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Figure 6: Effect of external pH on tail current amplitude and reversal potential. Depolarizing commands having elicited an outward current, the membrane was repolarized, and time-dependent tail currents were recorded. Current records from three different cells are shown in A–C. Capacitive transients (which lasted 1–2 ms) were blanked from each record. Pipette solutions as for Fig. 3. (A) External bathing solution was set at pH 8.0. Depolarizing command, 0 mV. During successive trials, the repolarizing command was in the range −40 to −100 mV. Currents are shown superimposed; average of four trials; holding potential −60 mV. (B) External bathing solution was set at pH 7.5. Depolarizing command, 80 mV; membrane repolarized in the range −40 to −100 mV. Superimposed traces from single trial; holding potential −60 mV. (C) External bathing solution was set at pH 7.0. Depolarizing command, 120 mV; membrane repolarized in the range 0 to −60 mV. Superimposed traces are an average of three trials; holding potential −60 mV. (D) Abscissa, membrane potential during repolarizing command; ordinate, tail current amplitude measured between the end of the capacitive transient (1–2 ms) and a steady level 200 ms later; bath solutions, pH 8.0 (□), 7.5 (○) and 7.0 (▵). Lines through data were drawn according to a constant field equation (Goldman 1943; Hodgkin and Katz 1949) with pHi taken as 6.9. H+ permeability chosen to fit pHo 8 data; pHo 7.5 and 7 data scaled up by factors of 3.5 and 7.5. Filled symbols represent data from other cells in the same external solutions: pH 8.0 (▪), scaling factor, 1; pH 7.5 (•), scaling factor, 3.5; pH 7.0 (▴), scaling factor, 11. Bath temperature 21–23°C.

Mentions: Small differences in the expression of gp91-phox may explain the observed variation in current amplitude, but there were also differences in time course. Fig. 3 C shows a cell in which the current steadily increases throughout each 800 ms command step, while in Fig. 6 A the currents rapidly achieve a steady level. In a population of cells with a steadily rising outward current, the mean amplitude after 800 ms at +80 mV was 3.4 nA (n = 9; SD 1.1 nA; range 1.7–4.6 nA); in a population of cells with steady outward currents the mean amplitude at +80 mV was 4.2 nA (n = 9; SD 2.1 nA; range 1.5–7.0 nA). Voltage-gated proton currents in other cell types show similar steadily increasing currents, but at present only a tentative explanation can be put forward to account for them; it is possible that during prolonged depolarizing commands negatively charged buffer molecules contribute to the pipette current by leaving the cytoplasm. The resulting acidification at the membrane near the pipette tip will produce a progressive, local shift in activation towards more negative membrane potentials. The currents were sustained during command pulses of 2 s and showed no inactivation (not shown), which is another characteristic of voltage-gated proton currents.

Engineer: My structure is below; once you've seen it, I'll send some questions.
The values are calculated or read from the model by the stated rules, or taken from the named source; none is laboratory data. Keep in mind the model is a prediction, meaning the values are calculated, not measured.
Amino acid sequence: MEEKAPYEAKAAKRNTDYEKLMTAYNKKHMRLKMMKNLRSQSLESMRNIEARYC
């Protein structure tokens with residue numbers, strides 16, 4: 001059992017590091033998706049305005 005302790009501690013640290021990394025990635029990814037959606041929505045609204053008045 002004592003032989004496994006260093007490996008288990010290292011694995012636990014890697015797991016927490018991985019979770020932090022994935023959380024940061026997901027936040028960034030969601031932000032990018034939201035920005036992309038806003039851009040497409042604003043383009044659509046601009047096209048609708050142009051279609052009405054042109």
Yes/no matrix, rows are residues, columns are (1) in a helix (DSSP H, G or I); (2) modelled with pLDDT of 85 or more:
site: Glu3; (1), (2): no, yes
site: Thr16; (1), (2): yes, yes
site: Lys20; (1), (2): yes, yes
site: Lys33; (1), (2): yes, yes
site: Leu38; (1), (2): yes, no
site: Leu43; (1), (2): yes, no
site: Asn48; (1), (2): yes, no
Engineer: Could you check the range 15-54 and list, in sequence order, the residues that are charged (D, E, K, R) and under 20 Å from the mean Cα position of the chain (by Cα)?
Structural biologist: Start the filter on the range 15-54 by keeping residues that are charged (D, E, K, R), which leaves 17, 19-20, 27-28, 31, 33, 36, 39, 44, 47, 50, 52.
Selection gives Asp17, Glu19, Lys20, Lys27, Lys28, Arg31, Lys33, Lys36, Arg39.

Evidence that the product of the human X-linked CGD gene, gp91-phox, is a voltage-gated H(+) pathway.

Henderson LM, Meech RW - J. Gen. Physiol. (1999)

Effect of external pH on tail current amplitude and reversal potential. Depolarizing commands having elicited an outward current, the membrane was repolarized, and time-dependent tail currents were recorded. Current records from three different cells are shown in A–C. Capacitive transients (which lasted 1–2 ms) were blanked from each record. Pipette solutions as for Fig. 3. (A) External bathing solution was set at pH 8.0. Depolarizing command, 0 mV. During successive trials, the repolarizing command was in the range −40 to −100 mV. Currents are shown superimposed; average of four trials; holding potential −60 mV. (B) External bathing solution was set at pH 7.5. Depolarizing command, 80 mV; membrane repolarized in the range −40 to −100 mV. Superimposed traces from single trial; holding potential −60 mV. (C) External bathing solution was set at pH 7.0. Depolarizing command, 120 mV; membrane repolarized in the range 0 to −60 mV. Superimposed traces are an average of three trials; holding potential −60 mV. (D) Abscissa, membrane potential during repolarizing command; ordinate, tail current amplitude measured between the end of the capacitive transient (1–2 ms) and a steady level 200 ms later; bath solutions, pH 8.0 (□), 7.5 (○) and 7.0 (▵). Lines through data were drawn according to a constant field equation (Goldman 1943; Hodgkin and Katz 1949) with pHi taken as 6.9. H+ permeability chosen to fit pHo 8 data; pHo 7.5 and 7 data scaled up by factors of 3.5 and 7.5. Filled symbols represent data from other cells in the same external solutions: pH 8.0 (▪), scaling factor, 1; pH 7.5 (•), scaling factor, 3.5; pH 7.0 (▴), scaling factor, 11. Bath temperature 21–23°C.
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Related In: Results  -  Collection